14 July 2020 | Reading 5 mins.

Spain turns the plastic tide

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Marcos González
Editor-in-chief and founder of Corresponsables, its Foundation and the Observatory of responsible communication ‘Observe’

Marcos González, Editor-in-chief and founder of Corresponsables, its Foundation and the Observatory of responsible communication ‘Observe’

By 2050, the ocean could have more plastic than fish. While global movements such as Plastic Free July continue to gain momentum, we dive into campaigns that have helped pave Spain’s awareness and action to turn the tide on plastic.

There is an Indian proverb that says that the Earth is not a heritage from our parents, but a loan from our children. Achieving sustainable development will only be possible if we preserve our environment and care for it as the most precious asset we leave to future generations. However, we are not yet aware of the importance of this legacy, especially concerning our seas and oceans.

On World Environment Day the UN released chilling data: every year, up to 5 trillion single-use plastic bags are used and the last decade produced more plastic than in the entire century. Lastly, a million plastic bottles are bought every minute, and if the current trend continues, by 2050, the oceans will have more plastic than fish.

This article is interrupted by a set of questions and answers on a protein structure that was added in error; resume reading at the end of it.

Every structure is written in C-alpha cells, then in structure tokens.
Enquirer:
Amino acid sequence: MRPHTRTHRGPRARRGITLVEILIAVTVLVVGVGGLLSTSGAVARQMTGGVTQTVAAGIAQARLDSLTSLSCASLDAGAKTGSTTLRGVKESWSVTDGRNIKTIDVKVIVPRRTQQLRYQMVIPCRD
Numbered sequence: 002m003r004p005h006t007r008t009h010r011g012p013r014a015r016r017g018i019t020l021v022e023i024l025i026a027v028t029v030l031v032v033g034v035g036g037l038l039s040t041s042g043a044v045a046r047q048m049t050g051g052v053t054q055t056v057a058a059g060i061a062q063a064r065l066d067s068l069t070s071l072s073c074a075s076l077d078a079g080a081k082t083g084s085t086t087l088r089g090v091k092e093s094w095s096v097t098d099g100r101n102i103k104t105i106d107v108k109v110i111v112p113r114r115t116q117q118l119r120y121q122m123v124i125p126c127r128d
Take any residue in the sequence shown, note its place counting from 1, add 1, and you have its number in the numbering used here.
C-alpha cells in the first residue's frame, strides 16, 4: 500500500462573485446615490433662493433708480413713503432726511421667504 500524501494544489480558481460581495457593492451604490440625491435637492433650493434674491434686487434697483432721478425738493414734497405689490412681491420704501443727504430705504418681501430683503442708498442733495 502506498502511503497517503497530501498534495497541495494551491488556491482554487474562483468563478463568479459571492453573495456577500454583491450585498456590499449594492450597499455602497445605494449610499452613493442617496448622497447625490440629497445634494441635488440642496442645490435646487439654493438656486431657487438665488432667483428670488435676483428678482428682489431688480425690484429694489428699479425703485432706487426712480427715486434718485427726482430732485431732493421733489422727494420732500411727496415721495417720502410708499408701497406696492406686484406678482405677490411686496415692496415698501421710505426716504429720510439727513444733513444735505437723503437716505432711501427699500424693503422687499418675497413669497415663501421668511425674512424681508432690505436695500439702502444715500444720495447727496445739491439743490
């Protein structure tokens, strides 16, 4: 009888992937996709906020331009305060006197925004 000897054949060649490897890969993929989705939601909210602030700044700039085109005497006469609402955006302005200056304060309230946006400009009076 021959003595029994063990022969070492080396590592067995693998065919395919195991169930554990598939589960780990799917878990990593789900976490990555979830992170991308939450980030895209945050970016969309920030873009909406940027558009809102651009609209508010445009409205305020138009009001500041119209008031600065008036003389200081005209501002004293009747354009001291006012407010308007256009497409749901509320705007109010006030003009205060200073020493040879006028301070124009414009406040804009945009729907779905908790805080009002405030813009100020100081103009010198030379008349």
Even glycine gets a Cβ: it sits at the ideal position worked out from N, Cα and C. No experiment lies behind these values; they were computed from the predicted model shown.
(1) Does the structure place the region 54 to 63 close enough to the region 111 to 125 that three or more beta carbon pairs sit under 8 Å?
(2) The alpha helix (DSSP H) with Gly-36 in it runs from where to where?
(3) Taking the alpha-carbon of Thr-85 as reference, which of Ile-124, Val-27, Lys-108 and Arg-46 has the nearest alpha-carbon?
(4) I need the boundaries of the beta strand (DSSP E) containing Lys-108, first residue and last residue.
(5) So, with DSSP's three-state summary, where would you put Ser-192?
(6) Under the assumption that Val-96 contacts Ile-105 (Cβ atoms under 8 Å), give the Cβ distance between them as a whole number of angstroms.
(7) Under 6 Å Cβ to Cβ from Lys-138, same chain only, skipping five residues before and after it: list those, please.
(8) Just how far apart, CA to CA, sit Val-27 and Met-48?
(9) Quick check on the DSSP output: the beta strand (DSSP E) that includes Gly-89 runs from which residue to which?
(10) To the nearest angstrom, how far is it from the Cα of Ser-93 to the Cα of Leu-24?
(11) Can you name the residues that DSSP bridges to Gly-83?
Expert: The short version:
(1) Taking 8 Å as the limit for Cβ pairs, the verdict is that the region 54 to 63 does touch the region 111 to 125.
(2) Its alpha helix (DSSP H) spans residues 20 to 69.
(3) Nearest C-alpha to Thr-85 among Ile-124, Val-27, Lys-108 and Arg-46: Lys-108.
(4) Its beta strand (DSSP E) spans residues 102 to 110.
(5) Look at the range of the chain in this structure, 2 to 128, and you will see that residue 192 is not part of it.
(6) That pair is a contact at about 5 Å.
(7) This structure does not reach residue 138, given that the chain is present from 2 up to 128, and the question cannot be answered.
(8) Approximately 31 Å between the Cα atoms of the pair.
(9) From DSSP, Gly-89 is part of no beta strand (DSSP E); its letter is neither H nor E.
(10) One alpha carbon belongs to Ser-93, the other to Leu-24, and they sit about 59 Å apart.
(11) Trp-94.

This Day, which has been gaining relevance since it began in 1974, revolves around a different theme every year. “The hour of nature” is the motto of 2020. Coinciding with the celebration of this event, UN Environment invited everyone, from individuals to governments, small and large companies, schools or NGOs, to organize and plan events that would become a worldwide movement to combat plastic pollution.

If current trends continue, by 2050, the oceans will have more plastic than fish.

The message of this World Environment Day is simple: Reject disposable plastic. If you can’t reuse it, reject it. Together we can chart the path to a cleaner and greener planet. The celebration of this day aims to raise awareness that we as people can change habits in our daily lives to reduce the heavy burden of plastic pollution on nature and even our health.

Long before the Paris Agreement, companies and organizations have been expressing their commitment to the environment and incorporating this as part of their strategic business plans.

A pile of single use plastic water bottles found during a beach cleanup in Barbados. Photo: @wildlife_by_yuri.

Recycling, raising awareness, promoting responsible consumption, reducing the use of plastics or promoting the circular economy are some of the objectives that companies and organizations of all kinds have set themselves in order to contribute to building a better, more sustainable world in which nature is protected.

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